Still, several questions remain: what is the difference between episkopos and presbuteros, especially in regard to their roles, and what is their relationship to the diakonos? There are three places in scripture we need to consult for the answers to these questions.

The first passage is Acts 20:17–28. In that passage, the Apostle Paul is nearing the end of his ministry, when he gives a final word of exhortation to the church in Ephesus. He begins in verse 17 by addressing the presbuteros (elders) of the church, yet a few verses later in the passage, Paul refers to these same men in verse 28 as episkopos, or overseers. By describing the same group one time as presbuteros and a second time as episkopos, Paul seems to consider the two words to be synonyms for church leaders.

The second passage of scripture to consider is Titus 1. In verse 5, Paul reminds TItus that he left him in Crete with instructions to appoint presbuteros (i.e., elders) over every city. In this context, an elder is clearly a position of leadership over a church, yet just a few verses later Paul begins to describes the qualifications for an elder using the word episkopos (i.e., overseer) to describe this same group. Once again, Paul seems to use these two words for leader interchangeably.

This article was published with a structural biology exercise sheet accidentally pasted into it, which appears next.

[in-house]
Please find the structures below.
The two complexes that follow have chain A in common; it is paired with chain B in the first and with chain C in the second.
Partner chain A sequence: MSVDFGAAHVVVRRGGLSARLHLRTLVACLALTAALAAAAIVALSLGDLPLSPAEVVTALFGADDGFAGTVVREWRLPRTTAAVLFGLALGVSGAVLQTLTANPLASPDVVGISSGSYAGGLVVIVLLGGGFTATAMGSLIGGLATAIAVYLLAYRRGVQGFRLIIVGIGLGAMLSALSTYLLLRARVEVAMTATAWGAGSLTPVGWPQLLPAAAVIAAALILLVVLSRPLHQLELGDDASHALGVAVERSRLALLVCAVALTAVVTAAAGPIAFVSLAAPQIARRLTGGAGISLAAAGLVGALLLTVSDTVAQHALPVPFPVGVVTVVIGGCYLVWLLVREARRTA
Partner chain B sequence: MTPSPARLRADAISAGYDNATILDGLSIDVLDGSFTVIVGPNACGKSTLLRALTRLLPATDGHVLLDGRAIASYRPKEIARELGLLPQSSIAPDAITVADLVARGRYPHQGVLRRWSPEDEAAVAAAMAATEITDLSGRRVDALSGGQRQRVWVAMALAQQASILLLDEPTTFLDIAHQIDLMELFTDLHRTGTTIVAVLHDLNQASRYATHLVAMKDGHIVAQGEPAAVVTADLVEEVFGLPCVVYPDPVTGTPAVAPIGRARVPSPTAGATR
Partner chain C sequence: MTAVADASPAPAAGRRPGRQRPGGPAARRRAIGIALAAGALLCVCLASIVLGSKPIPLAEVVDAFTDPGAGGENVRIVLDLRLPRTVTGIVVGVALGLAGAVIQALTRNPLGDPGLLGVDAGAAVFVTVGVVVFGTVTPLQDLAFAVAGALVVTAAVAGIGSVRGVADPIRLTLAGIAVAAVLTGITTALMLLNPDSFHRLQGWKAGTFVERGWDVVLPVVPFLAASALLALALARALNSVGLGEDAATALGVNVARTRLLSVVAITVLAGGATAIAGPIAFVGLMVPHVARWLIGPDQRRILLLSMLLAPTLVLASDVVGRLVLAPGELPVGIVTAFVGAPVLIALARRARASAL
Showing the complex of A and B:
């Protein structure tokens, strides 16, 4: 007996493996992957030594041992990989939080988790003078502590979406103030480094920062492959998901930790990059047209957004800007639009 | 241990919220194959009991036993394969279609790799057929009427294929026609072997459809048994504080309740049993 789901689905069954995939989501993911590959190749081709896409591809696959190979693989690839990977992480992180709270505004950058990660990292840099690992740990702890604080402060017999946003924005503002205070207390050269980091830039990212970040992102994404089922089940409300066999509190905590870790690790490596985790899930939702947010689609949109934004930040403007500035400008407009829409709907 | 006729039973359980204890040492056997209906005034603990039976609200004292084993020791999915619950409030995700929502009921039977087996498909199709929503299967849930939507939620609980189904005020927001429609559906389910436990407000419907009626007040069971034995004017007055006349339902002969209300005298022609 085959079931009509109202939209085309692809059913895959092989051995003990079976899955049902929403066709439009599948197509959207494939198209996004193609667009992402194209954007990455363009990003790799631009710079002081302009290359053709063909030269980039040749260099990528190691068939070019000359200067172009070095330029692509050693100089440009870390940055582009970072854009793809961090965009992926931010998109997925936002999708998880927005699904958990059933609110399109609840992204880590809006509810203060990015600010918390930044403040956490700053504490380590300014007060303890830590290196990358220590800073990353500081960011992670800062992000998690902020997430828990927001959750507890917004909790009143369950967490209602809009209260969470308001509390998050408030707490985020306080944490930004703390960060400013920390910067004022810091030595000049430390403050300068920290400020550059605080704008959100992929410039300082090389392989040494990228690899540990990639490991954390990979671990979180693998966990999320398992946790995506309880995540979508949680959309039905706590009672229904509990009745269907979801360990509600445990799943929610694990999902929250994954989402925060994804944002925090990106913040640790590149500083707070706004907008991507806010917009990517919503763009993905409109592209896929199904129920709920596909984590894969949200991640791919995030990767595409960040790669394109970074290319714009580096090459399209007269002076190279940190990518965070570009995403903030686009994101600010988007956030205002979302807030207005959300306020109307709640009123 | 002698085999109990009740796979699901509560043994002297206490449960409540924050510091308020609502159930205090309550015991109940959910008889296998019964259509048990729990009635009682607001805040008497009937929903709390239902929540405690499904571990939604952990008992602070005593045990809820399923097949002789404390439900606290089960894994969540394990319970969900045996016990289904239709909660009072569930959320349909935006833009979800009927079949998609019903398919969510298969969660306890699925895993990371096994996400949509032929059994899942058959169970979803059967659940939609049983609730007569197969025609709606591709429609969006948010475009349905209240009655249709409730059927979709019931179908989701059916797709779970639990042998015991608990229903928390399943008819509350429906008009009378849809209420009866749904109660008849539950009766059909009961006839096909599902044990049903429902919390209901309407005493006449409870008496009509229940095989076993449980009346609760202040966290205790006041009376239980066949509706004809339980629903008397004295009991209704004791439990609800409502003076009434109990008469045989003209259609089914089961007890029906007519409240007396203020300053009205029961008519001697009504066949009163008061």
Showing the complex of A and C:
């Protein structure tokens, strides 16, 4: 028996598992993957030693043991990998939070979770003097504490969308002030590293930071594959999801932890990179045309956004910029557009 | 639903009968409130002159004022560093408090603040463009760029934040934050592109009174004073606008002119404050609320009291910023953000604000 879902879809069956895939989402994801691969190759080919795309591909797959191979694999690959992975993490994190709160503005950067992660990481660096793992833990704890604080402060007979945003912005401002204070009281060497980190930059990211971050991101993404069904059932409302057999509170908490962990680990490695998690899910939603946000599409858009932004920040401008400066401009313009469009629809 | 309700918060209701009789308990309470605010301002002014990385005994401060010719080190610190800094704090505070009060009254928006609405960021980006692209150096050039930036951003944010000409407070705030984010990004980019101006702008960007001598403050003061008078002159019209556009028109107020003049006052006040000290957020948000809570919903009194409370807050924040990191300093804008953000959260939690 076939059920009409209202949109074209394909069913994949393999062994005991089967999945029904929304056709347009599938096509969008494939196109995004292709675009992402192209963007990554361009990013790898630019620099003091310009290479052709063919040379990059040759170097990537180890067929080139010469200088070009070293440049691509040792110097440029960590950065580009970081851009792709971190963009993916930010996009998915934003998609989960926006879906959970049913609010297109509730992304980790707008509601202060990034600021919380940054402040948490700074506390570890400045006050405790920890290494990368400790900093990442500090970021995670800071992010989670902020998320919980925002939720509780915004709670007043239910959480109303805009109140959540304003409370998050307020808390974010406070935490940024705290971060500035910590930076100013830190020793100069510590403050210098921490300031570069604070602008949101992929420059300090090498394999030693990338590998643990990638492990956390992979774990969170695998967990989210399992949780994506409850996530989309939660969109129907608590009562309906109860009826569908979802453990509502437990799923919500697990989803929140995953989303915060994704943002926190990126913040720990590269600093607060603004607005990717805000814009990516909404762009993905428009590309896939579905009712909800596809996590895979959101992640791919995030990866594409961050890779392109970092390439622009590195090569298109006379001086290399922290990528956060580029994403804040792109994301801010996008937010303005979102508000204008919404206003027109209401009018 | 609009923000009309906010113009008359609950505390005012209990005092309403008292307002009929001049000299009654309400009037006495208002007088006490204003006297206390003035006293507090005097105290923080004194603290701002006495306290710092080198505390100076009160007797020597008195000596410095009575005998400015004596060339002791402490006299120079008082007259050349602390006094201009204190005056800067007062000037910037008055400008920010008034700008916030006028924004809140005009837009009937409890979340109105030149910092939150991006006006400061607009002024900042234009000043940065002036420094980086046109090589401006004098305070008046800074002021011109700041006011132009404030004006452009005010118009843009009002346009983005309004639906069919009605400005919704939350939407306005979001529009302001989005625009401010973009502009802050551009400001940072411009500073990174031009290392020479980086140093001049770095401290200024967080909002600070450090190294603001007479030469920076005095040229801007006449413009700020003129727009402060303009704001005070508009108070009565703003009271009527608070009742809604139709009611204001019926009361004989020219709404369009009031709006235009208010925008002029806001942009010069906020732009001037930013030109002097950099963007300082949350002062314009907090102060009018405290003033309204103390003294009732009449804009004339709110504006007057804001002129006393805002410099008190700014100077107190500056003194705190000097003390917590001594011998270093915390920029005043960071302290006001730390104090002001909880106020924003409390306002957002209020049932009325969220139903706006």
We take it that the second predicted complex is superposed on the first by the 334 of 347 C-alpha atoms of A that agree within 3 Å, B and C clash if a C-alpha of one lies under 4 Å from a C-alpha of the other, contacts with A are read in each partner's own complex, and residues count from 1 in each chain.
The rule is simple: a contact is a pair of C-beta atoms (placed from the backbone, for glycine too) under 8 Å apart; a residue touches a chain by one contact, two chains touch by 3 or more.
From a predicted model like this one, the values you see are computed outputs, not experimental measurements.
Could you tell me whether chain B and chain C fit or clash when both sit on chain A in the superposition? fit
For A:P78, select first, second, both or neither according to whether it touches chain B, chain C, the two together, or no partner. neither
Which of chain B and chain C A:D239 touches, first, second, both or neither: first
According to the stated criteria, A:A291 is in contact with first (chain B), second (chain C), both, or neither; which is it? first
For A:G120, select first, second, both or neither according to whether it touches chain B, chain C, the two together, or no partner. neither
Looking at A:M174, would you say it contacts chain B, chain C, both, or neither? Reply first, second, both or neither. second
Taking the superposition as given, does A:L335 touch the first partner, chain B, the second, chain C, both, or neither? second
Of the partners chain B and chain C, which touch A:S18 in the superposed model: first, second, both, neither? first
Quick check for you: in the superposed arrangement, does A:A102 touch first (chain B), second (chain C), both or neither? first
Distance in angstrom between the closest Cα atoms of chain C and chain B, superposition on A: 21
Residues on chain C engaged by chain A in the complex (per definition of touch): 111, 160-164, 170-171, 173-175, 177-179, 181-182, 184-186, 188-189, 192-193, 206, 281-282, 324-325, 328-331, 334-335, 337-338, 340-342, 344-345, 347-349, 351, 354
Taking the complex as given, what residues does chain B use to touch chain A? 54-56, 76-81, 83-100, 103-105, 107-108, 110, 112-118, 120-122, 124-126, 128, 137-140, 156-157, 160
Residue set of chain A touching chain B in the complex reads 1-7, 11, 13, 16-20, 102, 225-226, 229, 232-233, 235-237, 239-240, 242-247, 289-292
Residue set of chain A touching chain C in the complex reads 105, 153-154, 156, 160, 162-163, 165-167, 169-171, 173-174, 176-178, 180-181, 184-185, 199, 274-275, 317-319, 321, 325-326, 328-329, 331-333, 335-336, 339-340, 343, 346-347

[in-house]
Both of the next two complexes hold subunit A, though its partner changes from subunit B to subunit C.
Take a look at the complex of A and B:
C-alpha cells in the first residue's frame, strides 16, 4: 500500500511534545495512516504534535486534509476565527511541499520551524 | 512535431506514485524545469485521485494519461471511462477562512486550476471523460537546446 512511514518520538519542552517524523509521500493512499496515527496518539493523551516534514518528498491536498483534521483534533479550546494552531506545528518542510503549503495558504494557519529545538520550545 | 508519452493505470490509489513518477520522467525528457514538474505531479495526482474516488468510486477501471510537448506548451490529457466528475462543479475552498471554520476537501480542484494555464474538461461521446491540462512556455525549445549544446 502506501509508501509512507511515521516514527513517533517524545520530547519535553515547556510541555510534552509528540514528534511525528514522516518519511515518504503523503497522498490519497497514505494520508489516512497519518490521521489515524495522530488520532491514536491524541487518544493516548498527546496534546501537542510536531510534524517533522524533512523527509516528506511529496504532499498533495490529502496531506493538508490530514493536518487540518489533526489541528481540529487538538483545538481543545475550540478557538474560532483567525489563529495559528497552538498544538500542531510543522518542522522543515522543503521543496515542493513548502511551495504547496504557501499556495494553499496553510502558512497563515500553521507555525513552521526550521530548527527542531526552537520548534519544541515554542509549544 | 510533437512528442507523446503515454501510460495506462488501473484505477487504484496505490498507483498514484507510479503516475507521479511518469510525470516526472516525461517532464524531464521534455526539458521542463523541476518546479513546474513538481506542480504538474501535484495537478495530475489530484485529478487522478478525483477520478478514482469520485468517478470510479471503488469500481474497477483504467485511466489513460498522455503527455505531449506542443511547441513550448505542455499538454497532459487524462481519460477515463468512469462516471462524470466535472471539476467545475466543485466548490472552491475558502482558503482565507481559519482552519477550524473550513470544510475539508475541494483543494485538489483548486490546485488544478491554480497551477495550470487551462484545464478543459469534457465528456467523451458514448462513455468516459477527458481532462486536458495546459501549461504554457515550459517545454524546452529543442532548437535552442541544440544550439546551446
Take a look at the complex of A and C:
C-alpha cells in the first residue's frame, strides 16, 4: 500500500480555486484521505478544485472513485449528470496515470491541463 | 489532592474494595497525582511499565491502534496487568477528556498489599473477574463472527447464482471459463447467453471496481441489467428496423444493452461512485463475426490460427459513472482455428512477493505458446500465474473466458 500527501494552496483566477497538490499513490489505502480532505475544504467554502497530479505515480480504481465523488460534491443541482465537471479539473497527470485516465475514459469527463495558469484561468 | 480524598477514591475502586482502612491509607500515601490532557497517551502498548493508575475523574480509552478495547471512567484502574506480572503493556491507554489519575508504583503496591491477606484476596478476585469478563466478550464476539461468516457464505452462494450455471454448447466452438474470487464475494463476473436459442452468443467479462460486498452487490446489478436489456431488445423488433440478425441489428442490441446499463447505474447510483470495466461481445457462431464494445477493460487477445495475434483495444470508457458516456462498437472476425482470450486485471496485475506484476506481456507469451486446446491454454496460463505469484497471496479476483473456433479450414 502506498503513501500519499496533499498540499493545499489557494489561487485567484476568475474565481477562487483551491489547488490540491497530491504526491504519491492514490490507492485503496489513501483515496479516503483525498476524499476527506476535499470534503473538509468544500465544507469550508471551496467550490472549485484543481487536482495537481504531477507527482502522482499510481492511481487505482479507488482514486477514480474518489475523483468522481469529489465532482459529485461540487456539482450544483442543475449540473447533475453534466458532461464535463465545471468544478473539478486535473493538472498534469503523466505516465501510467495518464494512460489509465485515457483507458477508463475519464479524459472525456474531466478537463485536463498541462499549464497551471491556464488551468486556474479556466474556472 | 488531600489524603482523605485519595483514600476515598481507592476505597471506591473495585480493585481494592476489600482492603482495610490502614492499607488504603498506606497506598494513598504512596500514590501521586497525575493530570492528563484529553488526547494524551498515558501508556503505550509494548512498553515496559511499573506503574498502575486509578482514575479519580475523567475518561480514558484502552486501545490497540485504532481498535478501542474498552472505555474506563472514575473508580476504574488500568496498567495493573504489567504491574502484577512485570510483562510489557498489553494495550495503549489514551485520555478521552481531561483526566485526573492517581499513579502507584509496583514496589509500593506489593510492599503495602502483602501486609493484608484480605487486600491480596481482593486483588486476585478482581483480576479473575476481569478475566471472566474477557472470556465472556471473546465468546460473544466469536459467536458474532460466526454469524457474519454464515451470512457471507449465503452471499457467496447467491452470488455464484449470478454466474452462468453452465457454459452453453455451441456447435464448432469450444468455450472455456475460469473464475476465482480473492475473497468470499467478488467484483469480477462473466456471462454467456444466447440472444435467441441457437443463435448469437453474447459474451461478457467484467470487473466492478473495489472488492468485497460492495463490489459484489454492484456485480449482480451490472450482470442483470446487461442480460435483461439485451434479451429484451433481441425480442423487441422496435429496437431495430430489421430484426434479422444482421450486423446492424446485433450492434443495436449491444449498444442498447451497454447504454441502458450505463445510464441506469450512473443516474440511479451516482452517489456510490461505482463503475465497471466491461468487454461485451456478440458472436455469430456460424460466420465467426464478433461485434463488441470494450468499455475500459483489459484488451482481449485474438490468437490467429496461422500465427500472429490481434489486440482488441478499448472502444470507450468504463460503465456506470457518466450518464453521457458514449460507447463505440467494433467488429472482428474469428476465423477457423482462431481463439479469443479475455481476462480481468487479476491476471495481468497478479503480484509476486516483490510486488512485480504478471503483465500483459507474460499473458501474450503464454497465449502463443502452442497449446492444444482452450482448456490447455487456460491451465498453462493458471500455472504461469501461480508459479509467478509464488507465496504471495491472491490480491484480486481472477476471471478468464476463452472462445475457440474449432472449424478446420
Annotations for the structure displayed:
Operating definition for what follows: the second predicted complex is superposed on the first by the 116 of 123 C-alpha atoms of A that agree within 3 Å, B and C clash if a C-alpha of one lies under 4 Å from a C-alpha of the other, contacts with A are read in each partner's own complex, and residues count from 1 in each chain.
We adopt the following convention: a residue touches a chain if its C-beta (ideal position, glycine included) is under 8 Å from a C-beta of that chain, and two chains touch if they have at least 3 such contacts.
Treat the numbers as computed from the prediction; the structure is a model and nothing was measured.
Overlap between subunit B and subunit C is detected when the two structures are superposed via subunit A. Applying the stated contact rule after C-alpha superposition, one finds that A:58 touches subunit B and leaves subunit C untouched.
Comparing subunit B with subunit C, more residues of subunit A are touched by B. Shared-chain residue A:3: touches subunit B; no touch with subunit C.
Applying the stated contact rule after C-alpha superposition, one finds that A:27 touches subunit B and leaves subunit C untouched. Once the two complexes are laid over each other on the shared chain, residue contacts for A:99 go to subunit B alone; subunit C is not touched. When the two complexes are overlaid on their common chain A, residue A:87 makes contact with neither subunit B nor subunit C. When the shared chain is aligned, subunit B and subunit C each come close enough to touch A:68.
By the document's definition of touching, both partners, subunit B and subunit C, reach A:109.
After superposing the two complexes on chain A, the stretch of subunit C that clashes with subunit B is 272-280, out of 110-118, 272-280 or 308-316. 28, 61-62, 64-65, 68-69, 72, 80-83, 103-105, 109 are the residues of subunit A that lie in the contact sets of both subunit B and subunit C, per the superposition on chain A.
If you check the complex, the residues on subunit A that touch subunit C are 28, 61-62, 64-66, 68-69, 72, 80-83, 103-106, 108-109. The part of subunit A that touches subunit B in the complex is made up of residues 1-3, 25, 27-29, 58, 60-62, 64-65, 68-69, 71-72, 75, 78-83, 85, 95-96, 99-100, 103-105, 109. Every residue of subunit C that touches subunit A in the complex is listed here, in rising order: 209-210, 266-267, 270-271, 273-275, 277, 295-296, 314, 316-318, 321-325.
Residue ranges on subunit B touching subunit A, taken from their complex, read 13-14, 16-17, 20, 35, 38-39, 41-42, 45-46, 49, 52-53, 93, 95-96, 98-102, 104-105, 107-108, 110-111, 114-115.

It seems fair to conclude from these two passages that scripture makes no clear distinction between a prebuteros (elder) and an episkopos (overseer) in terms of their role in leadership. Therefore, we should consider these two terms to refer generally to leaders over a church, whether they serve as a pastor, an elder or both.

This fact also suggests that Paul was not especially concerned over the particular organizational form that church leadership assumed, though he does make clear he expects a plurality of leadership (i.e., overseers, elders) rather than just a single leader.

Before we conclude this examination, we need to consider one final passage in 1Tim 3. In this chapter, Paul begins in verse 1 by stating the qualifications for an episkopos (i.e., overseer). Later in the chapter, Paul switches to describing the qualifications for a man to serve as a diakonos (1Tim 3:8). By these verses, we learn an important additional piece of information. We can see that Paul envisions a clear break in leadership between overseers/elders on the one hand and deacons on the other hand. While both groups are considered leaders in the church, the first group (e.g., overseers/elders) appoints and rules over the second group (deacons).

In conclusion, a classic New Testament church ought to be led by a plurality of overseers, including older, more mature elders who guard the flock, together with a cadre of secondary leadership called deacons focused on serving the body. Though churches often depart from this ideal form, that certainly doesn't preclude God from working through those churches nonetheless, as every church has its flaws and God accomplishes His work through us in spite of our form, not because of it.